Rounded corners and no sharp angles: If you were to abruptly apply a change in thickness, you’d essentially end up with a flat wall and a sharp angle drop in order to cause that change. The problem with sharp angles in injection molded parts is that it’s difficult — in fact, almost impossible — for the hot molding plastic to completely fill an area with that shape. Aside from gradual transitions in thickness, sharp angles should also be avoided on the corners of a part whenever possible. In addition to molding issues, sharp angles retain much of the residual stress of a finished part, making them more prone to breakage.

Rather, corners should have a radius applied — in other words, they should be rounded. It’s best to make them as rounded as possible while still maintaining the intended form and function of your piece, but as a general measurement, look to keep the inside radii of your corners measuring 0.5 times the wall thickness where they occur, and the outside radii at 1.5 times the wall thickness.

Completing the Molding Process 

Once the plastic material has flowed through the mold cavity and completely cooled, there are still a few concerns to take into account as your product is released from the mold:

Incorporate draft into your part design: Draft means simply building slight angles into the vertical surfaces of your part, enabling a much easier ejection from the mold. A more seamless mold ejection not only reduces your production cycle times, but more importantly, it prevents scratching or scraping of the façade of your piece on the way out.

Much like rounded corners, the more draft you can apply, the better, though form or functional concerns will often counteract and keep the draft you’re able to build in to a minimum. The commonly accepted effective minimum of draft on a vertical part wall is 0.5 degrees, while a best practice is to aim for draft of 1 degree (or more). Keep in mind, however, that any draft, no matter how minimal, is better than no draft at all.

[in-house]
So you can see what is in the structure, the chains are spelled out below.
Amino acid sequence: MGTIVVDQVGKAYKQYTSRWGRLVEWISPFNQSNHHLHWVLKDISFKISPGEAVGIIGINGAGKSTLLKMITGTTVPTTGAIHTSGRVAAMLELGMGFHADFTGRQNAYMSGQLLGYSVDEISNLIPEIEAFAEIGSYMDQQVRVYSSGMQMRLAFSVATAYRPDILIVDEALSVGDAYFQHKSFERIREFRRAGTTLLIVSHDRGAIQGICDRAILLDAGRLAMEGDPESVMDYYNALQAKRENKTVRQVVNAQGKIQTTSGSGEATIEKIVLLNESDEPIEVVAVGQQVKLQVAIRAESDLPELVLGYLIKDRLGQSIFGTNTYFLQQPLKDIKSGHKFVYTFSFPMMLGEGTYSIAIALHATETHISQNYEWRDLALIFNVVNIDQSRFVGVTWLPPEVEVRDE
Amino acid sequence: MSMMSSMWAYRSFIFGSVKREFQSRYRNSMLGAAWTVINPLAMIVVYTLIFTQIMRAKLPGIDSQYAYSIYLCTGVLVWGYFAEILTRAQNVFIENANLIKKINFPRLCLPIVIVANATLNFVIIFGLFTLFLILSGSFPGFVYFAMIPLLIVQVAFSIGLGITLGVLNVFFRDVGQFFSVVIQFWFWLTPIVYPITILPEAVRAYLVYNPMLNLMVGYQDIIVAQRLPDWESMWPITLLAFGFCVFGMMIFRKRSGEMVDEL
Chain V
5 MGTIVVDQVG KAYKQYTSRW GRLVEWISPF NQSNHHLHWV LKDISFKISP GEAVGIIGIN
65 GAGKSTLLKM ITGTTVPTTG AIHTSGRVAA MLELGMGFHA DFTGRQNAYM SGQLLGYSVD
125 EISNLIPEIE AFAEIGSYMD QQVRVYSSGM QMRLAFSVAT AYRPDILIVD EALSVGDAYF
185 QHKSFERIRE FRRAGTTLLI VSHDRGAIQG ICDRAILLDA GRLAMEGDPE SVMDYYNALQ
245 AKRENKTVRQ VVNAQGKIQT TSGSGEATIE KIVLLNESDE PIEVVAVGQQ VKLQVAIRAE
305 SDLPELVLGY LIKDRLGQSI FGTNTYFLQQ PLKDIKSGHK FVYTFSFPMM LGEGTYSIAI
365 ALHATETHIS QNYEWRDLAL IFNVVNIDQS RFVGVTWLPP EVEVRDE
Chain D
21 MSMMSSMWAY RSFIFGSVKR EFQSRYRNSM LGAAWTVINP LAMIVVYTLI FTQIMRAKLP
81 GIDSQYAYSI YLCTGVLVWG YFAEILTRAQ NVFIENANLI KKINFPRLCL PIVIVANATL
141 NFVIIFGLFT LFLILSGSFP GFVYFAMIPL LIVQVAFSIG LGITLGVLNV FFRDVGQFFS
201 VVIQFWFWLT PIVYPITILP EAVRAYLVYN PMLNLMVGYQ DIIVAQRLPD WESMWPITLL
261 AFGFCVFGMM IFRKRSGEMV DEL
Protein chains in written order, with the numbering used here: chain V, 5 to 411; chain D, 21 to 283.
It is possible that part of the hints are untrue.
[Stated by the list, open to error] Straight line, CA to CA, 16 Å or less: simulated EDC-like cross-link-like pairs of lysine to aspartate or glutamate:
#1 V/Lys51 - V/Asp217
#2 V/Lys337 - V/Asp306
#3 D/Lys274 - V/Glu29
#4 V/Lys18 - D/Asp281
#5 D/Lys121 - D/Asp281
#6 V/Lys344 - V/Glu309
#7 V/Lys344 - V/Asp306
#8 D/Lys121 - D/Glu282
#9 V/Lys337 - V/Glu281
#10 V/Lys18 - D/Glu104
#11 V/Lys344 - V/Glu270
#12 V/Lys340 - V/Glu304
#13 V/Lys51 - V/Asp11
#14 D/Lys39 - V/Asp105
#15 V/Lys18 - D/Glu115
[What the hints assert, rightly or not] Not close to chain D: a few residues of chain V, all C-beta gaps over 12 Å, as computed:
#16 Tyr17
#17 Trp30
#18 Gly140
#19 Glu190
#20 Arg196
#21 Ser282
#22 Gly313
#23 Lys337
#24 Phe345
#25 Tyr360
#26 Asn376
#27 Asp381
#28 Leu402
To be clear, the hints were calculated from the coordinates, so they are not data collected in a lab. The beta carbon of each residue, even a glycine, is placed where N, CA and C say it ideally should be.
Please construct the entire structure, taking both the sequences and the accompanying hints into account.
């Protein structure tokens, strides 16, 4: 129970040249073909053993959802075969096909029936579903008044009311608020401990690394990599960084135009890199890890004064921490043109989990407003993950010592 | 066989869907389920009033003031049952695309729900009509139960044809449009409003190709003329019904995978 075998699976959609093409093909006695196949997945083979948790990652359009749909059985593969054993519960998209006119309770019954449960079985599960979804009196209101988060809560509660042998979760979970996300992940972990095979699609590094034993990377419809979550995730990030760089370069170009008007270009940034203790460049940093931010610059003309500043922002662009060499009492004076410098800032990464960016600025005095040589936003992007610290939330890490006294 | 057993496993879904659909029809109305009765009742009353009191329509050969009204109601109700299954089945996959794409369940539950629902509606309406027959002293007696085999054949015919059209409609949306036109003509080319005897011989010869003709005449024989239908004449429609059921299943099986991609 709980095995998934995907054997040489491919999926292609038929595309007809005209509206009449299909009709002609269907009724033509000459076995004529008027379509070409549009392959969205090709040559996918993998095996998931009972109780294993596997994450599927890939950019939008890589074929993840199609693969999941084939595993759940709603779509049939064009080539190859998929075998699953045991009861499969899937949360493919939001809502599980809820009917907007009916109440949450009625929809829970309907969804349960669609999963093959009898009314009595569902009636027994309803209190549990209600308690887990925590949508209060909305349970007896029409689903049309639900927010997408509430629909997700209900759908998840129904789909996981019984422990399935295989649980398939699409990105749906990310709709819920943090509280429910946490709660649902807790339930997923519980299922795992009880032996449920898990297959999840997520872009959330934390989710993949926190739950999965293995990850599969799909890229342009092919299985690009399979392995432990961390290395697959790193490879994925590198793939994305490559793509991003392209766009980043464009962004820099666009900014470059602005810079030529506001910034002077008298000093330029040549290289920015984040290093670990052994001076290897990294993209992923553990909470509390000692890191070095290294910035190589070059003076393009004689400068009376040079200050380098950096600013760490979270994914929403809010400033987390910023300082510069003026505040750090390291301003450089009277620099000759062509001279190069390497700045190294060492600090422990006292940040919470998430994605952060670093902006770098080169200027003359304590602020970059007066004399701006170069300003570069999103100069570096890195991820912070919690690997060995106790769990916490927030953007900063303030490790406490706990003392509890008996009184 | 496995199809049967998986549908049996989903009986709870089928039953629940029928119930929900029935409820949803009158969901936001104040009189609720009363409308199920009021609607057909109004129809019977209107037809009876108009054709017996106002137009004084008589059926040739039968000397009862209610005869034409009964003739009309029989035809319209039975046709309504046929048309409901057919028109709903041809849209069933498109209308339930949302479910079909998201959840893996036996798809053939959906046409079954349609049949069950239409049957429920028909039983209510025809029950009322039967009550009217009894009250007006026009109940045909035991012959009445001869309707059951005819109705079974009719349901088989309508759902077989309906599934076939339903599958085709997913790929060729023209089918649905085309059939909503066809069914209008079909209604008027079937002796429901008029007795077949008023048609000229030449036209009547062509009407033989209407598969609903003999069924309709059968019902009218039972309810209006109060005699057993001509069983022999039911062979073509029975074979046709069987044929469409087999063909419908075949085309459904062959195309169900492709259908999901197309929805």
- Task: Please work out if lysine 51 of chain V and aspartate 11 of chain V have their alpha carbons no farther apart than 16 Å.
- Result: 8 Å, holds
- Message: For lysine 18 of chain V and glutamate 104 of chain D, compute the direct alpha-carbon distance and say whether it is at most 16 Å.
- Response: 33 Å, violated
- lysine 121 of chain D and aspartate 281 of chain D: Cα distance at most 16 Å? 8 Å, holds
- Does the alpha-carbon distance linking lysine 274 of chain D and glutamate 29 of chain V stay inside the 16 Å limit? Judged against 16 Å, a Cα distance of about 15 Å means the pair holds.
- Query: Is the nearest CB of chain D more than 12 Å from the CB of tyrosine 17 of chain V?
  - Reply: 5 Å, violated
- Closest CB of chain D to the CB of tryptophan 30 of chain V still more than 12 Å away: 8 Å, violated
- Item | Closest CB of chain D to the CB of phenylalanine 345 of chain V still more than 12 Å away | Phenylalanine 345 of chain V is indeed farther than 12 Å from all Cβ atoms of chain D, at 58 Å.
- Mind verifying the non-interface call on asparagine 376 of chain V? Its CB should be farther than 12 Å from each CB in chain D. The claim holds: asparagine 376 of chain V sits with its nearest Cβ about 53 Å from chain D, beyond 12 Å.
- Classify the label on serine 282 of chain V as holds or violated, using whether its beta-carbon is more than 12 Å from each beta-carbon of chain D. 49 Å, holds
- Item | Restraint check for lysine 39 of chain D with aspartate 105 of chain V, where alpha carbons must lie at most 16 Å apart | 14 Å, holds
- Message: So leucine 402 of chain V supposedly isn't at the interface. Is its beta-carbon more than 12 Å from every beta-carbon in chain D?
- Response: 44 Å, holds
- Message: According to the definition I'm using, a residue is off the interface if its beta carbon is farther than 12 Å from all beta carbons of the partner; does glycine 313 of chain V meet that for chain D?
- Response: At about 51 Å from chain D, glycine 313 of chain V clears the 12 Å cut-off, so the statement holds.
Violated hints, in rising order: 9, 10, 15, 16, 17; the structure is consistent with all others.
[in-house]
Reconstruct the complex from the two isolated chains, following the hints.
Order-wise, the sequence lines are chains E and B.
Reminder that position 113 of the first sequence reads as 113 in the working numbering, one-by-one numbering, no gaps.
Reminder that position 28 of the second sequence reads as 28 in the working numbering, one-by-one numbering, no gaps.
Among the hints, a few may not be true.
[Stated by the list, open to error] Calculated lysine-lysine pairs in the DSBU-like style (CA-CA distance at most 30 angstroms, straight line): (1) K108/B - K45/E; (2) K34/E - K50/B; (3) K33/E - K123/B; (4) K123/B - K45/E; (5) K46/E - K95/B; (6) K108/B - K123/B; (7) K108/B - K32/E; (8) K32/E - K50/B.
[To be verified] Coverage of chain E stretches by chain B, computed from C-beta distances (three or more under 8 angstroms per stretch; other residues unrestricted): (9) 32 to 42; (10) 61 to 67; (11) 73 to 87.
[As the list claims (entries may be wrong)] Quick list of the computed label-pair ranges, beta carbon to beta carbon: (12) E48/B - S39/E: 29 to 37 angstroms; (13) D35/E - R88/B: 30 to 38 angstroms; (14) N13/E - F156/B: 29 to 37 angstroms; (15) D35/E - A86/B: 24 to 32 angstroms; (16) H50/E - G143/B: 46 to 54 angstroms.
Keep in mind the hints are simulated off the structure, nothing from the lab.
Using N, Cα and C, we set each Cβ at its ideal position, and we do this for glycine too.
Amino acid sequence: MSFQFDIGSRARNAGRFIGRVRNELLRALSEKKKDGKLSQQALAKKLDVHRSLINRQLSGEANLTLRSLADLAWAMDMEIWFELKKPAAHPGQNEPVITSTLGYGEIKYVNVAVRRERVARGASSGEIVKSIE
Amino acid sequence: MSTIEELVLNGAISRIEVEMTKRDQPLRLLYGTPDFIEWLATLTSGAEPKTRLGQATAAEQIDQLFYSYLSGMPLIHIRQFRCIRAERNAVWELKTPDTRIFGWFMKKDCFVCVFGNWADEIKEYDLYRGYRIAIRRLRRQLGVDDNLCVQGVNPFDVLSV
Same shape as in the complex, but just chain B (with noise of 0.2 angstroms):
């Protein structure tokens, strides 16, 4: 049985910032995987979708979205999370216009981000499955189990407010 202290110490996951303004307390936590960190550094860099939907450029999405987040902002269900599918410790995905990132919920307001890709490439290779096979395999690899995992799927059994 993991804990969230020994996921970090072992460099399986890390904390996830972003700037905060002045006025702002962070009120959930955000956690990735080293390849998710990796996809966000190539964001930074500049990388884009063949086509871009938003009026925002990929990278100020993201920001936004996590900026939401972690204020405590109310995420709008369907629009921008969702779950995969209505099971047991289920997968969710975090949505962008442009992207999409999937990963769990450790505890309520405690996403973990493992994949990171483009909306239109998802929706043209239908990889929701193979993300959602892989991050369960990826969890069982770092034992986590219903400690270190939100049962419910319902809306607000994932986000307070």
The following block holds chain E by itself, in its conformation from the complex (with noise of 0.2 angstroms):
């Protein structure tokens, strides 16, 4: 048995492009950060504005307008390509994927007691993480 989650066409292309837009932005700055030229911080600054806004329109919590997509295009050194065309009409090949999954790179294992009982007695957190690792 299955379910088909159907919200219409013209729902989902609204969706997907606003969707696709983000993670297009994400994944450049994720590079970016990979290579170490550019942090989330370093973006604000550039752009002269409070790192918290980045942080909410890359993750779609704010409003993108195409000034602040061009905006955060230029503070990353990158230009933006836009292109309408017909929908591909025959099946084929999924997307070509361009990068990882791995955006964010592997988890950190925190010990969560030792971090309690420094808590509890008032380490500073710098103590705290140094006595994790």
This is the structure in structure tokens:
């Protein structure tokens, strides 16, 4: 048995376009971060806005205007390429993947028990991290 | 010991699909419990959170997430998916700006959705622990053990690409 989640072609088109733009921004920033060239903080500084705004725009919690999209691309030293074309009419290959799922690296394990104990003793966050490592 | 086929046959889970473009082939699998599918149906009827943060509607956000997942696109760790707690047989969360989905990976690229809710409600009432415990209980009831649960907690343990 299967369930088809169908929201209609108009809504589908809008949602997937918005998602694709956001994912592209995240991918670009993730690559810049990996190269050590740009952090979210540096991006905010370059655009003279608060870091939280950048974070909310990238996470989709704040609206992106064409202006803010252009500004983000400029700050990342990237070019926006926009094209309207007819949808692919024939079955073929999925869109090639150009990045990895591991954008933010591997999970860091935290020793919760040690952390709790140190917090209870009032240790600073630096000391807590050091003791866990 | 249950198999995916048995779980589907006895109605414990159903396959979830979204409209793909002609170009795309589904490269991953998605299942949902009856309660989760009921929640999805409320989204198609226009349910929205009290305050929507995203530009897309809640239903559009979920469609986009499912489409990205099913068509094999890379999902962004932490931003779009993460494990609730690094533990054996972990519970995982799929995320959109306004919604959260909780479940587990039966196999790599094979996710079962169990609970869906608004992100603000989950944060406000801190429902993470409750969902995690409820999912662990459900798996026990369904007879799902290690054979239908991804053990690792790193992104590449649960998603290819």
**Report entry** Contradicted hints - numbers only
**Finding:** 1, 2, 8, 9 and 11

molten-plastic

Plan out your parting line: If you haven’t seen an injection mold before, it helps to know what one looks like, and how it operates. The mold is essentially a block with a “negative” of your part removed from it, and the block is split down the middle — that’s how the molded piece is retrieved after cooling. A byproduct of that split down the middle is what’s called a parting line, which is essentially a visible seam or line as a result of small amounts of molten plastic reaching, and cooling in, the area where the two halves of the mold meet.

Cost Control

If planned correctly, parting lines don’t have to add time or expenditure to your production cycle: if, for instance, they are planned and designed for in such a way that they don’t affect the part’s function or performance and don’t create an unacceptable appearance. Unplanned for parting lines create the need for removal via trimming, sanding or other finishing processes, which equate to increased production costs for you. With a little bit of pre-planning, you can save resources in those areas.

Although there are many more plastic injection molding design guidelines out there — all of which are worth investigating and learning more about — the ones described above will provide the foundation you need to design a viable, manufacturable product. By following them, you and your product are poised for success.